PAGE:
Yoko Ono instructed me to climb into a big cloth bag, so I did, pulling it up to my chin. I and another man laughed as we took a few steps in our form-effacing sacks at Montreal’s Fondation Phi pour l’art contemporain.
Ono, who was present only via small wall cards printed with instructions, also encouraged me to put my hand through a slit in a blank canvas, and from that position “shake hands and converse with hands.” I didn’t follow those instructions, but in a way I didn’t need to. Just reading the text of Ono’s Painting to Shake Hands was enough to make me think about how hands communicate.
“All my life I have been walking through an enchanted forest with wonderment in my heart,” Ono wrote in a recent tweet. After decades of neglect and derision, she and her enchanted forest have entered a spotlight of new celebration and renown.
In the past five years, Ono has been feted with retrospective shows at the Museum of Modern Art and the Guggenheim Museum Bilbao, as well as current exhibitions at the Leipzig Museum of Fine Arts and the Museum of Liverpool. Recent scholarship has reclaimed space for her, away from the prominent men (including John Lennon, La Monte Young and other Fluxus artists) in whose wake she was often thought to follow.
In March, a concert at the Walt Disney Concert Hall in Los Angeles featured rock luminaries such as St. Vincent and Garbage’s Shirley Manson in a whole evening of Ono songs. There have also been two albums of tribute recordings entitled Yes, I’m a Witch, featuring the likes of Cat Power, Antony Hegarty, the Flaming Lips and Le Tigre.
The Fondation Phi’s Liberté Conquérante/Growing Freedom exhibition focuses on the “instruction paintings” Ono began creating in the mid-1950s, the films and music she made with Lennon and the weeklong Bed-In for Peace the couple held at Montreal’s Queen Elizabeth Hotel 50 years ago in May. There’s also a new instruction piece called Arising, which invites women to “send a testament of harm done to you for being a woman,” with a photo of the writer’s eyes. There were already 400 testaments on display when the show opened on April 25.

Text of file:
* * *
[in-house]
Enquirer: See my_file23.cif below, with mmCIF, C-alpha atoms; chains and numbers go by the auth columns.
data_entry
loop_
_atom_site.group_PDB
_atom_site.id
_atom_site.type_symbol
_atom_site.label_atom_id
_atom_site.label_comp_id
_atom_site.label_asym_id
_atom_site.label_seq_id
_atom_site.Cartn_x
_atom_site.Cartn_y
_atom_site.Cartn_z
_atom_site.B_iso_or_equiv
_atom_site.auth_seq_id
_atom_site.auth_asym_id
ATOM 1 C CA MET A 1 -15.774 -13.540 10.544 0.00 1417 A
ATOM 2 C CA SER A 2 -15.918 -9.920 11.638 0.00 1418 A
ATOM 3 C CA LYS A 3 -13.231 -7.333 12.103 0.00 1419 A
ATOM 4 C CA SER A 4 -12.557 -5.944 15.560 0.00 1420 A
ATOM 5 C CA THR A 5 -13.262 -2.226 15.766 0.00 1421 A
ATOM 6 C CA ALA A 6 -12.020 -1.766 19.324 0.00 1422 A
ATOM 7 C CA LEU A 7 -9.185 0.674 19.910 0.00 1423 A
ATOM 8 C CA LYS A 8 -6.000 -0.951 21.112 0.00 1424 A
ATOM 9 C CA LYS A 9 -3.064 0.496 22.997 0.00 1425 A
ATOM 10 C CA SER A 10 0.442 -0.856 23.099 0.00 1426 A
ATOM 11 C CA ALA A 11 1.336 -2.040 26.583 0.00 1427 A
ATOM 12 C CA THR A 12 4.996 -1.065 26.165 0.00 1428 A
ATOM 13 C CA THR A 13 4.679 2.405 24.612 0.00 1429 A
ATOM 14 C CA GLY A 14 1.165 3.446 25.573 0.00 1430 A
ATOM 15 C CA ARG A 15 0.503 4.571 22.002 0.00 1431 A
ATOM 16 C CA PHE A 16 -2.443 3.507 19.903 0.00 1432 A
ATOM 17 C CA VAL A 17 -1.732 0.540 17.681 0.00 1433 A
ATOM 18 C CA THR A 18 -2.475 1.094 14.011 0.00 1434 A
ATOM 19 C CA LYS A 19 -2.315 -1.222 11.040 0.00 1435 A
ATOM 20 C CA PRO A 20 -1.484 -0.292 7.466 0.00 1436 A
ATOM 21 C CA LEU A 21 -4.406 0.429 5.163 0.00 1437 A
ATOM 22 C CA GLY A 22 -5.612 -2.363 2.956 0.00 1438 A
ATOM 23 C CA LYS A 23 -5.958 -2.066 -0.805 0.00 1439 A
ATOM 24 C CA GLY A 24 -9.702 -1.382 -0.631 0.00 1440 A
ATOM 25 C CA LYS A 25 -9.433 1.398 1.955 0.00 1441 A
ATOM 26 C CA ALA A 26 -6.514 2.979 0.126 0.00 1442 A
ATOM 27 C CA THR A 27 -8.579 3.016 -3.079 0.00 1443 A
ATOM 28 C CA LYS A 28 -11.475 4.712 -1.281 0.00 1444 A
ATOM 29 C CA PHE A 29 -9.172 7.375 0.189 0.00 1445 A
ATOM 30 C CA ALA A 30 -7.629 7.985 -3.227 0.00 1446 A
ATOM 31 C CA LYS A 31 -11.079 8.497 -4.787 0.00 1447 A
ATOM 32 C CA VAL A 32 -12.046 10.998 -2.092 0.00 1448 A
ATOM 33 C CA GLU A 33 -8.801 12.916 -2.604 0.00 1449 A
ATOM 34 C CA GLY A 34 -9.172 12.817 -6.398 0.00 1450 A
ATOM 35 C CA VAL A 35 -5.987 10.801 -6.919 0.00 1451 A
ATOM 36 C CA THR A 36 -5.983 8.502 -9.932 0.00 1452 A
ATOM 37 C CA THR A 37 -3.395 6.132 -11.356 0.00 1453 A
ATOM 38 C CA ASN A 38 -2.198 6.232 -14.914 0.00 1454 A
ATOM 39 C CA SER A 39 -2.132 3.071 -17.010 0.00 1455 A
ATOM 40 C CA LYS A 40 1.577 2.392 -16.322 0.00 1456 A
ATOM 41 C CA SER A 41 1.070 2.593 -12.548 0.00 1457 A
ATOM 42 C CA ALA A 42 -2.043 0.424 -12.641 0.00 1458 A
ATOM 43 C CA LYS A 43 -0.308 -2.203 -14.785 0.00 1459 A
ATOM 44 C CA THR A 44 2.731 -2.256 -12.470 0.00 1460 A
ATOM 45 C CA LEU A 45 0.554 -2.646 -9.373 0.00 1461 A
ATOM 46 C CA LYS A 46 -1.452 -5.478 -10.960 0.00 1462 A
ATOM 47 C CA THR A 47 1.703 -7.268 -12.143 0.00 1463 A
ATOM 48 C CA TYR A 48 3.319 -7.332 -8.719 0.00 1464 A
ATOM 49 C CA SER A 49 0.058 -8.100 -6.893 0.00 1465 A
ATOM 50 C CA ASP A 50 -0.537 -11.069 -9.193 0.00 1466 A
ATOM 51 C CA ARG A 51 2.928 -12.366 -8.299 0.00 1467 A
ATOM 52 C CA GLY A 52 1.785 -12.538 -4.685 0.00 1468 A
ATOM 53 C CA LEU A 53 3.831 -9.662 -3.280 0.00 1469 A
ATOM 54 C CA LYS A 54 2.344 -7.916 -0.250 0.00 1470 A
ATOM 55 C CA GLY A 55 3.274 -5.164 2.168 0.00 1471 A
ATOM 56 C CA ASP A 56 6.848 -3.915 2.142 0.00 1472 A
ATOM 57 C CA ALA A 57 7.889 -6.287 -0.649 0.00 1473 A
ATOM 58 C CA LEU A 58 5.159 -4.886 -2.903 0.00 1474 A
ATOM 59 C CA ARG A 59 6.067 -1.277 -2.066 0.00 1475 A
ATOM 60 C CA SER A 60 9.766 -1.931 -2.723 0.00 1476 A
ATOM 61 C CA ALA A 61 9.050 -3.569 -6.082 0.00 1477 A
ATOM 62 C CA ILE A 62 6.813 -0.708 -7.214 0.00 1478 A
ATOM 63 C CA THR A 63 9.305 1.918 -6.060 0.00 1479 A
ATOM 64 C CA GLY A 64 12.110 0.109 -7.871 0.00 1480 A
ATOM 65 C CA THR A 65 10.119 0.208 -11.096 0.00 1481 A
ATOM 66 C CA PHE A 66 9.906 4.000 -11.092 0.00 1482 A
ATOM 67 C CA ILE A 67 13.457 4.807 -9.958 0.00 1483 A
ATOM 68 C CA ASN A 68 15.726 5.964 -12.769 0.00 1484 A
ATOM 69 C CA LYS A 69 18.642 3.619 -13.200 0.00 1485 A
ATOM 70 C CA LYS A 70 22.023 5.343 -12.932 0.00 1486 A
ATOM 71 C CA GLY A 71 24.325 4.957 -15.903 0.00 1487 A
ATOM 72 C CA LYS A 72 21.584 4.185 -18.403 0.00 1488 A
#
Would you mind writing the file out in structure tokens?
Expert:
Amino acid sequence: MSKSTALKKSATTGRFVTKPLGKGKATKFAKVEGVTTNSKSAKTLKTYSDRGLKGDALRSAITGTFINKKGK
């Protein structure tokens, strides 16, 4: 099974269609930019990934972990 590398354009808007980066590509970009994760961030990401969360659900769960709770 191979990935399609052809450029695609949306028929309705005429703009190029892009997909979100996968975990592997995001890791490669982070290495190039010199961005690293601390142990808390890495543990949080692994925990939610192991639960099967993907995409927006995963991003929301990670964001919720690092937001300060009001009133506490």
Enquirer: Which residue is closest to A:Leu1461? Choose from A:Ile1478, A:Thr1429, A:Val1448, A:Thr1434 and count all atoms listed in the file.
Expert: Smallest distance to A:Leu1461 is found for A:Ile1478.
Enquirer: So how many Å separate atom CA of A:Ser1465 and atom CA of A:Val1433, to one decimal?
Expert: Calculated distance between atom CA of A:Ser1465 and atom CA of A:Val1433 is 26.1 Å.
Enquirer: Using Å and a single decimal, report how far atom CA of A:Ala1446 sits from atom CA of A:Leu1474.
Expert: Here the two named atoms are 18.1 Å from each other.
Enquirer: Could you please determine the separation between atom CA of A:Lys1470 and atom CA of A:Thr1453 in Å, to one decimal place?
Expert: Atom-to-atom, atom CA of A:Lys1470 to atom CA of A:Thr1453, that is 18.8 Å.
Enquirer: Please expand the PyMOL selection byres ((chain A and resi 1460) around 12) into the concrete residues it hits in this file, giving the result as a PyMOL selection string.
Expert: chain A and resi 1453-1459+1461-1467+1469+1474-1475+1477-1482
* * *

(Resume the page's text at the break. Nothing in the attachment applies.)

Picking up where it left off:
Ono was 22 when she began her instruction paintings, pointedly maintaining a link with a tactile medium while creating art that had no unique physical form, and no value as a commodity. As co-curator Gunnar B. Kvaran said at the media opening, Ono is the only artist of international prominence whose work lies almost entirely outside the art market.
Her instruction works are brief and written in simple language. Decades before “interactive art” became commonplace, Ono saw the reduction of means as a way to expand their effect. Some pieces call for specific actions, while others point to fantastic or politically tinged exercises of mind.
Her Tunafish Sandwich Piece (1964), asks that we “imagine one thousand suns in the sky at the same time,” and concludes with the directive: “Make one tunafish sandwich and eat.” At first glance, the work is merely playful. But “one thousand suns in the sky” comes from the same passage in the Bhagavad Gita that was quoted by physicist J. Robert Oppenheimer after the first successful atomic-bomb test: “Now I am become Death, destroyer of worlds.” Ono, who was in Japan during the Second World War, is alluding to the devastation of Hiroshima and Nagasaki. In this context, imagining one thousand suns can be a gesture of remembrance, just as eating a sandwich can epitomize peaceful daily life.
In Cut Piece, shown in a video made in the mid-1960s, Ono sits on the floor with a pair of scissors in front of her. People approach and cut her clothing. Some of the men do so with gusto, while Ono remains motionless and silent. Decades later, the piece remains a potent statement about violence and the silence often imposed on female victims.
Ono’s works with Lennon include short films, and LPs such as 1969’s Wedding Album (recently remastered by their son, Sean Lennon). Ono’s primal singing style seems less extreme now that Tanya Tagaq has become an international star. There’s also much documentation of the Montreal Bed-In, including the 70-minute film Bed Peace, which Ono has posted on YouTube.
Ono’s Water Event (1971) prompted responses by a dozen invited Canadian artists. A small parallel exhibition, curated by Caroline Andrieux, gathers fugitive traces of a performance Ono did in Montreal in 1961.
Ono, 86, continues to make art. She released a new album, Warzone, in 2018, and is creating a sculpture for a park at the Petrovaradin Fortress in Serbia. She also continues to win people over: I’ve never seen so many smiles at a media opening. This often-maligned artist is still fostering wonderment.
Liberté Conquérante/Growing Freedom, co-curated by Cheryl Sim and Gunnar B. Kvaran, continues at Fondation Phi in Montreal through Sept. 15.